The Queensland Government has introduced new pool safety laws that will amend the Building Act 1975 (Qld). The laws affect new and existing pools.
The new pool safety laws will have significant implications for sellers, buyers, landlords, tenants and real estate agents.
Implications from 1 December 2010
From 1 December 2010, a party selling a home with an existing pool, must provide either:
- the buyer with a pool safety certificate before settlement of the contract; or
- the prospective buyer with a Notice of No Pool Safety Certificate, before entering into the contract of sale.
If a Notice of No Pool Safety Certificate is given to a prospective buyer, the seller must also provide a copy to the Department of Infrastructure and Planning (DIP) and, in some circumstances, to the body corporate, if the property is within a community titles scheme.
If a buyer purchases a property after having been issued with a Notice of No Pool Safety Certificate, the buyer must, at their expense, carry-out the work required to make the pool comply with the pool safety laws and obtain a pool safety certificate, within 90 days of settlement.
Parties selling or buying a home with a pool before or after 1 December 2010, should obtain legal advice on amendments that can be made to the proposed contract to deal with their obligations under the new pool safety laws.
Renting a home with a pool from 1 December 2010
From 1 December 2010, a landlord renting out a home with an existing pool, must:
- have a current pool safety certificate before entering into a rental agreement;
- if the pool is a shared pool, provide the tenant with a copy of the pool safety certificate before entering into the rental agreement; and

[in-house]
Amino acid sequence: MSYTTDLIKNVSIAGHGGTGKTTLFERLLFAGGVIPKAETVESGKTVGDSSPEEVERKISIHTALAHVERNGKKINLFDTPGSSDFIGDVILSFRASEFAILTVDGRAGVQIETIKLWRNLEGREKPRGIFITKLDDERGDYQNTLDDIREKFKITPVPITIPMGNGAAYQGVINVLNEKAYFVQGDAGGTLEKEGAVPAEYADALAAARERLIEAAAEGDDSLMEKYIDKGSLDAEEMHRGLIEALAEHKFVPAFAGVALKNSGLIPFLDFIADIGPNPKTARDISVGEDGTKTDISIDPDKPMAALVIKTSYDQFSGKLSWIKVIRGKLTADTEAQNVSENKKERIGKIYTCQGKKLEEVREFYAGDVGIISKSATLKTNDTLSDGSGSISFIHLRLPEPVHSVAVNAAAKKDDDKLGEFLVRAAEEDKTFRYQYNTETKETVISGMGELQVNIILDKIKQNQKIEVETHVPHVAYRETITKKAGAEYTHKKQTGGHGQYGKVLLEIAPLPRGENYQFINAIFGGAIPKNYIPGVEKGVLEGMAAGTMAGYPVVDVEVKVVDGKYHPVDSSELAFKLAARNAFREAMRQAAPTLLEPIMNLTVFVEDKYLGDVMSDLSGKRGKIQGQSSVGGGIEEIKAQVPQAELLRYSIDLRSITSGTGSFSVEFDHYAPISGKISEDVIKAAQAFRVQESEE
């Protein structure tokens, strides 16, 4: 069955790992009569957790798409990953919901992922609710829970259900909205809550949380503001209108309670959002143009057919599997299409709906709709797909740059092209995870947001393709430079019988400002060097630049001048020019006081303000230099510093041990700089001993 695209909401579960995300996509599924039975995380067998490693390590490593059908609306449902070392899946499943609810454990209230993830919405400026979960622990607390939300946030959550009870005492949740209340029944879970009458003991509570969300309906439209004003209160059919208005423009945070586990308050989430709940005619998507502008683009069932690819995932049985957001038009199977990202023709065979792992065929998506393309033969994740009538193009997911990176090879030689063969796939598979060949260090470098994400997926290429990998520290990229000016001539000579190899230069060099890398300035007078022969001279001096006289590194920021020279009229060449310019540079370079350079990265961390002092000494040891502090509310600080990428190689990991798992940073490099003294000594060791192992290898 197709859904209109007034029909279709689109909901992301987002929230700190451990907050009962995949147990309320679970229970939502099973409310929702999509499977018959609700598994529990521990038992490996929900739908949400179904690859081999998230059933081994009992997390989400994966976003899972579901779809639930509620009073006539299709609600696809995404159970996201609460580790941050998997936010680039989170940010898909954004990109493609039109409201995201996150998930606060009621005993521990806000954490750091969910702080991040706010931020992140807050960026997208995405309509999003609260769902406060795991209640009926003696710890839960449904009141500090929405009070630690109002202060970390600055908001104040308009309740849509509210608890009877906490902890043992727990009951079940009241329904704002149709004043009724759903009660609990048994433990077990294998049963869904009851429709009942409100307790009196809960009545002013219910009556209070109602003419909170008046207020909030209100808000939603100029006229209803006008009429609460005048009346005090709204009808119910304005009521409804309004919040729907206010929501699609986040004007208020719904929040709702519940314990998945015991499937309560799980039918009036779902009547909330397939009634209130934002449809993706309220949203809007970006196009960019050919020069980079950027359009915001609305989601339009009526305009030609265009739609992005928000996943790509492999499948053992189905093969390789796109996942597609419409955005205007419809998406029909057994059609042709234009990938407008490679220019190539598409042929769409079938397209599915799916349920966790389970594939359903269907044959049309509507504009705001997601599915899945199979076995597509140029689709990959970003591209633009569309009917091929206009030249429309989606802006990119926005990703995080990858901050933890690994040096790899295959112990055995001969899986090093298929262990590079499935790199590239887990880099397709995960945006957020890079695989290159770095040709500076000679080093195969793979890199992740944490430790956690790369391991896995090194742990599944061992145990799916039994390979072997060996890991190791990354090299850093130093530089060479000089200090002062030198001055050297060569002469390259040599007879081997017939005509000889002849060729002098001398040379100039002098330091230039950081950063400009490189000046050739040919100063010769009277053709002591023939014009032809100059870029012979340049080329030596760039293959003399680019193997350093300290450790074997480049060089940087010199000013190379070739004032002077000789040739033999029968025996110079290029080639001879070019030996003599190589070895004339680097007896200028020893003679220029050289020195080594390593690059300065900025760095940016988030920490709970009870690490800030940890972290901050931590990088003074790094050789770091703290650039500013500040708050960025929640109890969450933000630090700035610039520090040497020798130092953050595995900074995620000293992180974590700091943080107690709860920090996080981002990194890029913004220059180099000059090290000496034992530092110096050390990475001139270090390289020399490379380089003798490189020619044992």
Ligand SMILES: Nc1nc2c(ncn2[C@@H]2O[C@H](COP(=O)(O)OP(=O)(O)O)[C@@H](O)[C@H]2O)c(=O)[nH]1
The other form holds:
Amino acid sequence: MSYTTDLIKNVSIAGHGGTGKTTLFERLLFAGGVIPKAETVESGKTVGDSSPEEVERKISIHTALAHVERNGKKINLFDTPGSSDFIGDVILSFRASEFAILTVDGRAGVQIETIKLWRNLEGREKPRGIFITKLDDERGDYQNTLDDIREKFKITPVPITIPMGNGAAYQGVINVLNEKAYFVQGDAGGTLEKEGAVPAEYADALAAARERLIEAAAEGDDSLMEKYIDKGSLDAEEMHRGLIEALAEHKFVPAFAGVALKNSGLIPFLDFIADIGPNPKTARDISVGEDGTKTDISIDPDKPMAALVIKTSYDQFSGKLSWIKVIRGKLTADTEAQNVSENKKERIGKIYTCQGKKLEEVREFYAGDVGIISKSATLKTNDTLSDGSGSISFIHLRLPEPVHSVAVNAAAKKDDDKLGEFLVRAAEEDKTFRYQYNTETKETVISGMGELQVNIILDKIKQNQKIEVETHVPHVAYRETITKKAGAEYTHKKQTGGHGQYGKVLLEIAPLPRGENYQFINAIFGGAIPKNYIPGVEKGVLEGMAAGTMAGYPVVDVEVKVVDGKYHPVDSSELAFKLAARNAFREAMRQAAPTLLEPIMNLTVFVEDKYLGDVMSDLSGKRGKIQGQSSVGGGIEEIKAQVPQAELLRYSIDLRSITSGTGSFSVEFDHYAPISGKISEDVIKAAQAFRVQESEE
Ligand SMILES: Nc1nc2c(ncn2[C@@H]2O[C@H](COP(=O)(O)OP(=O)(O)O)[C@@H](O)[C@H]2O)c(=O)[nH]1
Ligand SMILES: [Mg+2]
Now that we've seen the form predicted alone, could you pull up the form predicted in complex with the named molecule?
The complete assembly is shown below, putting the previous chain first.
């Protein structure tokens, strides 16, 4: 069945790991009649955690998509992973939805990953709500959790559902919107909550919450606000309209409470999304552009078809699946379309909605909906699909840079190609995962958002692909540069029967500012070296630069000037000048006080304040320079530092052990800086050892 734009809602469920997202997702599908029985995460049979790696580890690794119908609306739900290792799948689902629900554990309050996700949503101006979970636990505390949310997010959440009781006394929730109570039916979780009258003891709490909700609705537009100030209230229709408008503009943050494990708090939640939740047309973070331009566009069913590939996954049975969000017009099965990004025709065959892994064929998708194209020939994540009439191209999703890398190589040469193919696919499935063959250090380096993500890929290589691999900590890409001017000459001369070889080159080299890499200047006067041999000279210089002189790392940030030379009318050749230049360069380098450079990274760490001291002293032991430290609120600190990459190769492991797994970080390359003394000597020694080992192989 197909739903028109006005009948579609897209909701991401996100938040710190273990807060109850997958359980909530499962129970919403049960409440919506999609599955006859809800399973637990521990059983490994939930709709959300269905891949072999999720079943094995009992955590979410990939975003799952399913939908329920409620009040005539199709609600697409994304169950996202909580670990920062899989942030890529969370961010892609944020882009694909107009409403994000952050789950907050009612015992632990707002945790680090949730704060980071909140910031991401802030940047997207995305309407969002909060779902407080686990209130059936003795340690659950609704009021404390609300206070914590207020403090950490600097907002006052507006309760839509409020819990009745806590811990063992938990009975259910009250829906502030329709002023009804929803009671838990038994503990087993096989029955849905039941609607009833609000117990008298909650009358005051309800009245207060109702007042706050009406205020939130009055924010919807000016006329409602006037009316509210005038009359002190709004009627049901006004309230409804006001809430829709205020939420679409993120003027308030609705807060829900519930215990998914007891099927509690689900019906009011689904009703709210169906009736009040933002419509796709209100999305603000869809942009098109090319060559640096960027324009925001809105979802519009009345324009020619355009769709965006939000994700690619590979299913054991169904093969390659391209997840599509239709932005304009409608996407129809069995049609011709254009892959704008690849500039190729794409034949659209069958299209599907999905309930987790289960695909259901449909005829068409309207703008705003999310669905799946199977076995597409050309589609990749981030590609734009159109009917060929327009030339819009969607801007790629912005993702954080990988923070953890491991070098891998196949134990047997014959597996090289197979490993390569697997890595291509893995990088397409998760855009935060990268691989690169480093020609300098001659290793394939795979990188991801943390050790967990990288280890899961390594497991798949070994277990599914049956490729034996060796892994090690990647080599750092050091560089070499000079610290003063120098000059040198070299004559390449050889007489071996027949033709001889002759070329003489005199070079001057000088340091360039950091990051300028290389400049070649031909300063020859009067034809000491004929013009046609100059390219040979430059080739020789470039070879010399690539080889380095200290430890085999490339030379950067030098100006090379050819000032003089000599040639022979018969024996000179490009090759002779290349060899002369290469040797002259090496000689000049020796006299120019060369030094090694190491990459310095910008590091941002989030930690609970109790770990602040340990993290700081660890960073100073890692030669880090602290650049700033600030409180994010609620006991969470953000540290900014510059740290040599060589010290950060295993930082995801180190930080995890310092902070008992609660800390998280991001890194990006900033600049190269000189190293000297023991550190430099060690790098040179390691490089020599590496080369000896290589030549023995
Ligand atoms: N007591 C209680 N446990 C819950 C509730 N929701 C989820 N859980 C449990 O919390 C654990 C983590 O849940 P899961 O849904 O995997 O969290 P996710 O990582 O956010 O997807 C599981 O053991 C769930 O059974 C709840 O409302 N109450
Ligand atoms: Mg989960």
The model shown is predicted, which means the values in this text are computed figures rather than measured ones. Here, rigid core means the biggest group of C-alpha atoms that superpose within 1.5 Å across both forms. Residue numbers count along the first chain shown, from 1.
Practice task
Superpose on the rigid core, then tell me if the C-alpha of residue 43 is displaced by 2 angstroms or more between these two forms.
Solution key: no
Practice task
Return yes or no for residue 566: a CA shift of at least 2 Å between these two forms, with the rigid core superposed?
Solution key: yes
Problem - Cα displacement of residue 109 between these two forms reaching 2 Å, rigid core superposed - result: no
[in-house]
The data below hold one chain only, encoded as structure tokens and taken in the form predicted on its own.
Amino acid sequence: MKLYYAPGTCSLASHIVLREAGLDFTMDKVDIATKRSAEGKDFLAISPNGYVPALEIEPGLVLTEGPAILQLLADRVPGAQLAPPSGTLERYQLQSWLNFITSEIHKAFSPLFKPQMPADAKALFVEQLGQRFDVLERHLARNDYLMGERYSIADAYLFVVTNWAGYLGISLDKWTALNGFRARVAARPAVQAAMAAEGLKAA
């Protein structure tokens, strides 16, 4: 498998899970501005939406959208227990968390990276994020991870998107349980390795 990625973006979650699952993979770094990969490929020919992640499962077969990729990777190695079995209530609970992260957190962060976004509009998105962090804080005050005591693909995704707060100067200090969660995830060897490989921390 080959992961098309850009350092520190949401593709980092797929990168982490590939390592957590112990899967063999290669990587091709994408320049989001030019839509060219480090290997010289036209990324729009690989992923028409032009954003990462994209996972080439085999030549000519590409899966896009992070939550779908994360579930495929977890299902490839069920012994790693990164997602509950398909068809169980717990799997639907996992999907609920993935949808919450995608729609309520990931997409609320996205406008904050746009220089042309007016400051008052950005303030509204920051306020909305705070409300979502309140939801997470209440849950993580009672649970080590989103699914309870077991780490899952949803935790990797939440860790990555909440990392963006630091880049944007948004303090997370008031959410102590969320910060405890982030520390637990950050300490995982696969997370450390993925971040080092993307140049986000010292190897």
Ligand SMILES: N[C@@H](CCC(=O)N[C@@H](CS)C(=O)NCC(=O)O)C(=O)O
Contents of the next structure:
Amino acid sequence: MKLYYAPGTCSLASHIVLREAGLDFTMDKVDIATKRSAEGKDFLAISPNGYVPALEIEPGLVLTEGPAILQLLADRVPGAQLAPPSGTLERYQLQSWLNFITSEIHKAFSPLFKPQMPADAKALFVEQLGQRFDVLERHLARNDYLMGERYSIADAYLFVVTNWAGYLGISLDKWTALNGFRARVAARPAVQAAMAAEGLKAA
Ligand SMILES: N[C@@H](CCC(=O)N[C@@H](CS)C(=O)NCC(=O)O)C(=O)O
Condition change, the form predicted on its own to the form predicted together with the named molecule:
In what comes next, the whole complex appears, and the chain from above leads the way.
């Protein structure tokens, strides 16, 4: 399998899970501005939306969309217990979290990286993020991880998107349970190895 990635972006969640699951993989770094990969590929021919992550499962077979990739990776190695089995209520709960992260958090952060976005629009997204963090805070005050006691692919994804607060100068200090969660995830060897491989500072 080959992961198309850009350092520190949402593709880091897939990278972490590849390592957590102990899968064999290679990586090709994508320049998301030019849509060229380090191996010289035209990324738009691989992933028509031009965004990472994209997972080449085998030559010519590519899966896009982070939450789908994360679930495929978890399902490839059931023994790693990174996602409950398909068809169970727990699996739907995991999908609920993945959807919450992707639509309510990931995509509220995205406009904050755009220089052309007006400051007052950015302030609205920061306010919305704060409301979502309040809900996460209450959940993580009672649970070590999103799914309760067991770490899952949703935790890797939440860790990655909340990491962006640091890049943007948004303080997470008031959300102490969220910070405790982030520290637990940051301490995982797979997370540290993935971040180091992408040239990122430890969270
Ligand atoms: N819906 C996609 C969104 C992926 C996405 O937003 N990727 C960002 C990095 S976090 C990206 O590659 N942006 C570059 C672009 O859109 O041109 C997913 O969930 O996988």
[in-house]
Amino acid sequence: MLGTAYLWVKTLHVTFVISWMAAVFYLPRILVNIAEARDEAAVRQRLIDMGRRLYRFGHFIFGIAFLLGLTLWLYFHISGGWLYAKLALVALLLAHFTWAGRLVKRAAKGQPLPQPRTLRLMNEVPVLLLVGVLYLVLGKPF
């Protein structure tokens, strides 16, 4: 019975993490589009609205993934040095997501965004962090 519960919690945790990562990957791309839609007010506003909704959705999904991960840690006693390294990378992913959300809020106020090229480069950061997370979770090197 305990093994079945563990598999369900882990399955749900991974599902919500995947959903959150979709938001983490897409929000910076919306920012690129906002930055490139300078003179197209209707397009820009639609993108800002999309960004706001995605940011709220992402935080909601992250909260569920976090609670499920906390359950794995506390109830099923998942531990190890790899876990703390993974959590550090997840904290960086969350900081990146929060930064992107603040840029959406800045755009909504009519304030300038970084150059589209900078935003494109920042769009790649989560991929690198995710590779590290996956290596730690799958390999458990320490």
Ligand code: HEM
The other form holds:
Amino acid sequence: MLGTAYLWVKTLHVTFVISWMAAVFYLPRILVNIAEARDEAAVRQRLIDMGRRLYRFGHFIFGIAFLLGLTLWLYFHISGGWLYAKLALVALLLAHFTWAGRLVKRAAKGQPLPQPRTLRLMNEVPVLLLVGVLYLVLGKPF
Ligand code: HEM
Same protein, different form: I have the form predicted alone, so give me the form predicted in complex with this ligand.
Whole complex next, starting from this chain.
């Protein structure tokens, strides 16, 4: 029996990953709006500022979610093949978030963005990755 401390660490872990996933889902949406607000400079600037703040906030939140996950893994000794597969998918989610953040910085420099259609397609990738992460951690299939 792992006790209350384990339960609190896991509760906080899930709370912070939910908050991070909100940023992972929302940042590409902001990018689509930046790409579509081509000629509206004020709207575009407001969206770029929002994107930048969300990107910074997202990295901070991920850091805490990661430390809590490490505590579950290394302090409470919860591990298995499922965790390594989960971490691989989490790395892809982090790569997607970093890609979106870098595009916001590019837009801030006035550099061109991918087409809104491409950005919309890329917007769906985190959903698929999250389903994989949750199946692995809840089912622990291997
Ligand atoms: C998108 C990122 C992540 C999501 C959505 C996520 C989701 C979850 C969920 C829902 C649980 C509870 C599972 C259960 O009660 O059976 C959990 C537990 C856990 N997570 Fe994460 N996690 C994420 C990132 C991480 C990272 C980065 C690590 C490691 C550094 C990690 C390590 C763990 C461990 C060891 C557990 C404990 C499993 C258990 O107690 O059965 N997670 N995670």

- display a copy of the pool safety certificate at the main entrance to the property or at each gate giving access to the pool.
The new laws impose penalties on real estate agents who arrange for a property with a pool to be rented when there is no current pool safety certificate for the pool.
Special requirements for shared pools
There are specific additional requirements for pools that are shared pools, such as pools located on common property within a community titles scheme. The owners of shared pools (usually the body corporate) have two years to obtain a pool safety certificate.
Shared pools associated with short-term accommodation, such as hotels and motels, have a six month period to obtain a pool safety certificate.
Pools located on common property within resorts under the Integrated Resort Development Act 1987 (Qld) or Sanctuary Cove Resort Act 1985 (Qld) must have a pool safety management plan approved within six months of the commencement of the new pool safety laws, unless there is current a pool safety certificate for the pool.
Do owners only need to obtain a pool safety certificate once?
Pool safety certificates are only valid for one year for shared pools and two years for non-shared pools. Owners will have to arrange a new pool safety certificate before the expiry of the existing certificate.
How to find a pool safety inspector to obtain a pool safety certificate
Pool safety certificates can only be issued by pool safety inspectors who are licensed for this purpose by the Pool Safety Council. A list of licensed pool safety inspectors is located on the DIP website.
Registration of all pools on the pool safety register by May 2011
Regardless of whether an owner is selling or renting a home, all pools must be registered on the pool safety register. The register can be located on the DIP website.
Records kept by local governments will be used to create a register of pools. The Department of Infrastructure and Planning recommends that each owner checks the register after 28 February 2011.
If a pool is not on the register, the owner is responsible for registering the pool by 4 May 2011. Penalties of up to $2,000 may apply for failure to register a pool.
All pools to comply with pool safety laws
All pools must comply with the new pool safety laws by 30 November 2015 (or earlier if they are sold or rented before that date).
The new safety requirements that require compliance by all pools are located in Mandatory Part 3.4 of the Queensland Development Code. The Code can be located on the DIP website.
Penalties of up to $16,500 for individuals and $82,500 for corporations apply for non-compliance
with the pool safety laws.